An old investing adage says that you can tell how tough things are for a company by the number of times the word "challenging" is used in communications to shareholders. Well, Motley Fool Hidden Gems selection MDC Holdings
One need only look at the performance of fellow homebuilders Pulte
Turning back to MDC specifically, the company saw its third-quarter revenues decrease 7.3% to $1.08 billion. Income before taxes fell 60.5% to $76.4 million, and earnings per diluted share fell 59.5% to $1.06. The drastic fall in earnings was driven by gross margins declining 6.1% and project impairments and write-offs of $29.4 million.
Digging a bit deeper, we see that MDC has a healthy balance sheet with a reasonable amount of land in inventory. By slowing down its investment in land to match the market environment, MDC also generated $70 million in operating cash flow during the quarter. But the additional sales data the company reports shows a substantial slowdown in volumes. During the quarter, the company closed 2,955 homes at an average selling price of $358,200, and the average selling price of homes in its backlog is $371,000. But that figure is down from $378,000 in the first quarter and $375,000 in the second quarter, and the company is seeing more cancellations late in its selling process, more frequently on higher-value homes.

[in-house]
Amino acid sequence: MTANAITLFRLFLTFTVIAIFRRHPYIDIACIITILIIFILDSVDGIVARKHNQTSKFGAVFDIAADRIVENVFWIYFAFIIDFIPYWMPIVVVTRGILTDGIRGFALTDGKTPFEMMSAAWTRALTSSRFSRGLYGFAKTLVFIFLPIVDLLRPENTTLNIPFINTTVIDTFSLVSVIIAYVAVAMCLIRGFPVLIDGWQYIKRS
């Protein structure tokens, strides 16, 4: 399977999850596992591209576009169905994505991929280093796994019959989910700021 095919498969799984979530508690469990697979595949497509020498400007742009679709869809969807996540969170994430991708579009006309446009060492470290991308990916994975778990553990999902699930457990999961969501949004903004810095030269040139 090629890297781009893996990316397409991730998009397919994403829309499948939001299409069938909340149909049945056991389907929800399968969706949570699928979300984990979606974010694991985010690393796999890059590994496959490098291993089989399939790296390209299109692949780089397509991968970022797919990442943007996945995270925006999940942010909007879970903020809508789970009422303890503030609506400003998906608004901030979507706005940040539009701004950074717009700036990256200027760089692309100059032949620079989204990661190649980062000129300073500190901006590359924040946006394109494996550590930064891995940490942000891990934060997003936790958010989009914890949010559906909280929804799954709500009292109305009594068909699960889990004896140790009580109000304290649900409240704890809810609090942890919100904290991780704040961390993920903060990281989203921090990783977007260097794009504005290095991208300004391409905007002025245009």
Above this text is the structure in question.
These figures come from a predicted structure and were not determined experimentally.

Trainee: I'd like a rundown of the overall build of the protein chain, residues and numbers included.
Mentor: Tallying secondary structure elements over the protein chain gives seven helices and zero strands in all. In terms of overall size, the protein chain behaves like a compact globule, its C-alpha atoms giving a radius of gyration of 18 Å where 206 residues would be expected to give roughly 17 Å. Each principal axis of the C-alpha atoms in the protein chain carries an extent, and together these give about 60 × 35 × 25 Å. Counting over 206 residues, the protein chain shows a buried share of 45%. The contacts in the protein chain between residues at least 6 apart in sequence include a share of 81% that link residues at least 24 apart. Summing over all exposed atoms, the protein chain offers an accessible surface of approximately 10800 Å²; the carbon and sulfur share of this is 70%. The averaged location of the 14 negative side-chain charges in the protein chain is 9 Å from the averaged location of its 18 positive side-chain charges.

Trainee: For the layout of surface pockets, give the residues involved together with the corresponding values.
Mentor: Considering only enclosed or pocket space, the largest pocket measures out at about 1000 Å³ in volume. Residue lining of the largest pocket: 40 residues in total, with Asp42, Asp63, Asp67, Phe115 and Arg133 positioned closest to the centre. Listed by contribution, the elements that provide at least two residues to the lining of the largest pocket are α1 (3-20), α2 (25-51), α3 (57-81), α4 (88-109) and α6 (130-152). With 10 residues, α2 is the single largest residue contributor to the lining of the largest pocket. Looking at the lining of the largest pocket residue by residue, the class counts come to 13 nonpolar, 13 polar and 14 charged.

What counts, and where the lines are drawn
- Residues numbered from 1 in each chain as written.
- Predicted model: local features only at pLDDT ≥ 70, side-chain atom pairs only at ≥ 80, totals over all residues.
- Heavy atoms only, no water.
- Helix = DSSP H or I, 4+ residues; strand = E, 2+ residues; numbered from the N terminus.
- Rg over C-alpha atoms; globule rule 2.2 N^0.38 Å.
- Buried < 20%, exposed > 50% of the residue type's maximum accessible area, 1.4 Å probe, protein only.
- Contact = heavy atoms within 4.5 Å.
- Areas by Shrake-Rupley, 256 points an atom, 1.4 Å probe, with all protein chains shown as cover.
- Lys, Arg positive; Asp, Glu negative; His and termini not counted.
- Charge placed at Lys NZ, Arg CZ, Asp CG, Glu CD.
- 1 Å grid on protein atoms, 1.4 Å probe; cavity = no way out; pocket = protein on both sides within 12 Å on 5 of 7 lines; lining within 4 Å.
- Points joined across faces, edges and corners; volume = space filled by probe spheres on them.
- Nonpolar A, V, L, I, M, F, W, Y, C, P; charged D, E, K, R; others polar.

That trend is certainly not positive, but MDC is a conservatively run company. While prices and volumes may be falling, the company, as mentioned previously, is slowing down its investment in land inventory as well. In addition, the company does very little speculative building. Such a conservative structure may mean slightly slower growth during boom periods, but it provides a great deal of stability when things get tough in the cyclical housing market.
Looking at the big picture and the relative costs of owning vs. renting, I don't see things for MDC getting materially better anytime soon. However, the company has managed to ride out the tough patches, and as land prices and building costs adjust, the company will be ready to jump in when things do look good. In the meantime, the company sells for about book value, yields 2.1%, and has a clean balance sheet. That's an attractive place to start.
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